Top Dog 2021
Geri Yang-Johnson, 2009
2021Outstanding Alumna Award
College of Social Sciences
“Fresno State saved my life,” says Geri Yang-Johnson.
Yang-Johnson, the eighth of 13 children, is the daughter of refugees. “They were displaced from their home and then came to the U.S. We grew up in public housing in San Diego. My dad discovered he had relatives who were here in Fresno, working in the fields. There were a lot of Hmong refugees who settled here in the Central Valley, so my father moved us up here when I was very young.”
School was tough for Yang-Johnson early on. She recalls taking English language learner classes, trying to advocate for herself in the conversations she translated between her parents and teachers, and trying to read books she didn’t fully understand. “I really wanted to learn. It was a passion of mine -- to constantly learn; it still is. It wasn’t easy at all but I thought, ‘Eventually I will learn how to read this, so I’m just going to sit here and try to get through this book.’”
Yang-Johnson’s natural ambition to learn coupled with her parents’ emphasis on the importance of education eventually led her to Fresno State, where she majored in women’s studies. Yang-Johnson credits her Fresno State professors with helping her to think critically, explore her interests and find her voice. But Yang-Johnson had to leave school before she could graduate.
“I was struggling. I was working three jobs. I didn’t live at home. I couldn’t make rent. I didn’t have a car. I felt like I just didn’t know how to make it work. My grades weren’t doing well, and I needed to take a break and figure out how to actually survive.”
Before she left, Yang-Johnson made a promise to one of her professors, Dr. Jan Slaughter, that she would return. Dr. Slaughter reached out to Yang-Johnson every couple of months over the years she was away. “It reminded me that someone else cared about me and my well-being and encouraged me to strive to go back to campus. She held me accountable. When I say Fresno State saved my life, I really mean it. I don’t know that I would be where I am right now if I didn’t have professors who encouraged me to come back to school ... to say ‘That’s not it for you.’”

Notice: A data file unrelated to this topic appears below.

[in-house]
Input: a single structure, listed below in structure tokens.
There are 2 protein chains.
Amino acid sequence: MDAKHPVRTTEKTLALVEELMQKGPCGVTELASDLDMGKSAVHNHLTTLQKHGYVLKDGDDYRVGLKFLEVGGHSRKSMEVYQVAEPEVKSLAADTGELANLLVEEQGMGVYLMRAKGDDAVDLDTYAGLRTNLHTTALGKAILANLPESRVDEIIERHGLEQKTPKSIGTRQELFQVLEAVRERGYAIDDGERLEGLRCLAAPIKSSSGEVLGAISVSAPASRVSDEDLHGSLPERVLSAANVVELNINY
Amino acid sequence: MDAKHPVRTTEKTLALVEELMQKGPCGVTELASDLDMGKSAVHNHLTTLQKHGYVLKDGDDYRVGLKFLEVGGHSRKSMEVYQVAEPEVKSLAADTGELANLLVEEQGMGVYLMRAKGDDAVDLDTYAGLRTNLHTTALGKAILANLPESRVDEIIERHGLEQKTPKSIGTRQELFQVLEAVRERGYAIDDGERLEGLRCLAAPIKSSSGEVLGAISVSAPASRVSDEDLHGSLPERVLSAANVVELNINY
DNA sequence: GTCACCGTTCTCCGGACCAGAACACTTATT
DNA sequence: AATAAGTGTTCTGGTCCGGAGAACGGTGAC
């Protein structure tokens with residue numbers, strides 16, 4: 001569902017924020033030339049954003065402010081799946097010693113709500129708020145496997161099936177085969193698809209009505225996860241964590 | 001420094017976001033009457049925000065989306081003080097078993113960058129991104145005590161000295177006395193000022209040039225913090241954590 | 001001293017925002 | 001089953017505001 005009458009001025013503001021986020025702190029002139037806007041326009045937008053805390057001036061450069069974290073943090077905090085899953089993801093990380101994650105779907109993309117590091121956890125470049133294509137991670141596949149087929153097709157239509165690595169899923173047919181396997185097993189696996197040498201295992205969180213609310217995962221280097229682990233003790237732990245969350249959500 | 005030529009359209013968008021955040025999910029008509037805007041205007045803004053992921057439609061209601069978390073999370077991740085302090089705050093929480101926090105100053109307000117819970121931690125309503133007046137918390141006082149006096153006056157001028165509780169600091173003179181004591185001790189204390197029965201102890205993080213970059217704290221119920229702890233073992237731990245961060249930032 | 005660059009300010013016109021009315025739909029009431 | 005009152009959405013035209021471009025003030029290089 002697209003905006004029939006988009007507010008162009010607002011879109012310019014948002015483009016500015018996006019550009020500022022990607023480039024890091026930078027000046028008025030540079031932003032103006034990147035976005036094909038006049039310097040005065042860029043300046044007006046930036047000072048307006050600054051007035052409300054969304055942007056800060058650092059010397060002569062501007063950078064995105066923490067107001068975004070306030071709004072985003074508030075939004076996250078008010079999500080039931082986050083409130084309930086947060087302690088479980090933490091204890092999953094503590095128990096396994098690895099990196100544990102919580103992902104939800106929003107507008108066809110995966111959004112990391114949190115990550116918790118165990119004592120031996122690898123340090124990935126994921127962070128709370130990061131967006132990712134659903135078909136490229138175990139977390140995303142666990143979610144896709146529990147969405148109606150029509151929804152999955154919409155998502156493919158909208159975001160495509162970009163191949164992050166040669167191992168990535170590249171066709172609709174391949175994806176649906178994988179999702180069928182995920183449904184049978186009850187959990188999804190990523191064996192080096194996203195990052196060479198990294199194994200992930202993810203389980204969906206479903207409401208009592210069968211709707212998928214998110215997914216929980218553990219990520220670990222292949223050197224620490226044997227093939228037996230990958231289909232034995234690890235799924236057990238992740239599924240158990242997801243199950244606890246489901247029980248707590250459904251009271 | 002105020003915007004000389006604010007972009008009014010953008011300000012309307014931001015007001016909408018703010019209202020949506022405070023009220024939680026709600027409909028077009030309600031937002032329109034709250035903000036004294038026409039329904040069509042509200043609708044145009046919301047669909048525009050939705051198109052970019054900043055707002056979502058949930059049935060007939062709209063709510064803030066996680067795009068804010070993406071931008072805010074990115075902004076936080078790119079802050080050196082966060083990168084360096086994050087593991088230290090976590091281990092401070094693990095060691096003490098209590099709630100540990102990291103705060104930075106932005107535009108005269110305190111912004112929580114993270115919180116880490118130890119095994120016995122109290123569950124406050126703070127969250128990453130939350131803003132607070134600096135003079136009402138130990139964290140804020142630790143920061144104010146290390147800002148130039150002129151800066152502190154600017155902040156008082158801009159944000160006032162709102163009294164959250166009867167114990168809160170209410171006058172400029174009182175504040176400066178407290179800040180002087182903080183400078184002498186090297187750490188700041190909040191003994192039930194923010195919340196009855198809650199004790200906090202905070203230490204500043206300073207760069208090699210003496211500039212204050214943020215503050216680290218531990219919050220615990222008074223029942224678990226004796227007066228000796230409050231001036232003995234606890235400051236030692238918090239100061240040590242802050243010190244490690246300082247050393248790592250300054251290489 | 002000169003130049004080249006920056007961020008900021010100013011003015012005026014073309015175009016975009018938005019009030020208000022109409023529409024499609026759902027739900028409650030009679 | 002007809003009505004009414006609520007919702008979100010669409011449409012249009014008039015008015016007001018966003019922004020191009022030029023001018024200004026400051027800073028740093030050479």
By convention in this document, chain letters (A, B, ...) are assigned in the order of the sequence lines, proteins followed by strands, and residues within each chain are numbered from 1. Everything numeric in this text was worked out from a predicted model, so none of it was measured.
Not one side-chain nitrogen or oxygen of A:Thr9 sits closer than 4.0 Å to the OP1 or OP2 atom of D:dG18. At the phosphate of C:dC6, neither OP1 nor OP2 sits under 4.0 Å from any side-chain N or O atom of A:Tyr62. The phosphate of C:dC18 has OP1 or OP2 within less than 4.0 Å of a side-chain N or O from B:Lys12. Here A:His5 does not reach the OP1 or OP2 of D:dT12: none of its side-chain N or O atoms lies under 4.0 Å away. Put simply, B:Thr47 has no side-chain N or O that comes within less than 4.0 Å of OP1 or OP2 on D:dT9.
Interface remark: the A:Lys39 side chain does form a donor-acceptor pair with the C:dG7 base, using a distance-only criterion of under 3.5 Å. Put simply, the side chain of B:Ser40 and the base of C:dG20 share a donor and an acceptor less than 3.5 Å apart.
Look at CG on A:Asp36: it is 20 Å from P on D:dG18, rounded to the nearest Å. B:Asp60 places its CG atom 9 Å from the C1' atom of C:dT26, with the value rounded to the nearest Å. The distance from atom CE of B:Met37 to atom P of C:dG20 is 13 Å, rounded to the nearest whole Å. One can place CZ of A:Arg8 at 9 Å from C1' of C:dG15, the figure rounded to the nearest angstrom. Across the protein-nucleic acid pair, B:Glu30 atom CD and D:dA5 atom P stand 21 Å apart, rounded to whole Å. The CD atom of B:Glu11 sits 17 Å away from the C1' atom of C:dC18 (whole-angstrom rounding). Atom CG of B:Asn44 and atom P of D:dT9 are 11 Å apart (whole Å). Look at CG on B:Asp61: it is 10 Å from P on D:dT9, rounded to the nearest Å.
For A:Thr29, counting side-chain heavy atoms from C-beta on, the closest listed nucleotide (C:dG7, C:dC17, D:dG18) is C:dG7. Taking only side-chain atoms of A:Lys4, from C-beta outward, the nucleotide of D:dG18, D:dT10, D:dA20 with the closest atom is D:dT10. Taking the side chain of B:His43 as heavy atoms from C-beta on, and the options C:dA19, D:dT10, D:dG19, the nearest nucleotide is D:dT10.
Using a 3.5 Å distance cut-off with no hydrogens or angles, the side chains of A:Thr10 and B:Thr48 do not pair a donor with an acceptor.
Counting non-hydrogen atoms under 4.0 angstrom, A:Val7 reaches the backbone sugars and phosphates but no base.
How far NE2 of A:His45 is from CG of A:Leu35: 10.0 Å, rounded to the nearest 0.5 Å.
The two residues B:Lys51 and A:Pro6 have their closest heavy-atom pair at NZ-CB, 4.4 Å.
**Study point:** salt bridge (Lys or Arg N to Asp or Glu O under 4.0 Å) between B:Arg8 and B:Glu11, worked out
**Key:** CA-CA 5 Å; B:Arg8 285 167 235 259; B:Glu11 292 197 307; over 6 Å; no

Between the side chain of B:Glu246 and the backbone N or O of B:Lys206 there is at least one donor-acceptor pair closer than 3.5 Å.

Yang-Johnson completed her degree in 2009, becoming the first woman in her family to graduate from college.
Yang-Johnson then started working as a program officer for Central Valley Community Foundation, where she focused on empowering underserved communities and strengthening the capacity of nonprofits. The work merged a number of her passions and she was able to put into practice what she’d learned about philanthropy. She also got to utilize what she learned about economic and community development while she worked in India with activist Vandana Shiva during her last year at Fresno State.
From there, Yang-Johnson became vice president and community relations senior consultant for Wells Fargo. In this role, she is charged with implementing Wells Fargo’s community and economic development programs. She manages the bank’s regional philanthropy and maintains the company’s social impact and sustainability initiatives that support underserved populations. In addition to her work with Wells Fargo, Yang-Johnson stays connected to the community through a number of organizations. She has served on the board of the Women’s Foundation of California, Access Plus Capital, Central California Asian Pacific Women and the statewide steering committee for Smart Growth California. She currently serves on the board of the James B. McClatchy Foundation, REinvent Stockton Foundation and The California Wellness Foundation’s board of directors, where she championed two of the largest gifts ever given to Fresno State’s Women’s Studies program.
For her work, Yang-Johnson has been named a Bankers Without Borders Global Fellow and a 2014 Funders Network PLACES Fellow. She has also received a number of awards and recognitions, including the Women Leading the Way Award from the City of Fresno and the Margaret Ashida Leadership Award from Leadership Education for Asian Pacifics.
Recently, Yang-Johnson’s contributions to the community have become even more personal. In 2018, she founded the Mala Scholarship with Central California Asian Pacific Women (CCAPW) to support first-generation Asian Pacific Islander students as they pursue higher education. “Every time someone gave me money to help with my books or I got a small scholarship, I thought this person believed in me enough to invest in me and it carried me through. So when I started the Mala Scholarship, I wanted to work with CCAPW to invest in first-generation students and say, ‘I believe in you. I’m with you on this journey.’”
“Mala is a string of prayer beads, and I want to believe that every scholarship we give through the Mala Scholarship is a prayer and a wish and hope that these first-generation students are on the right journey, the right path in their life.”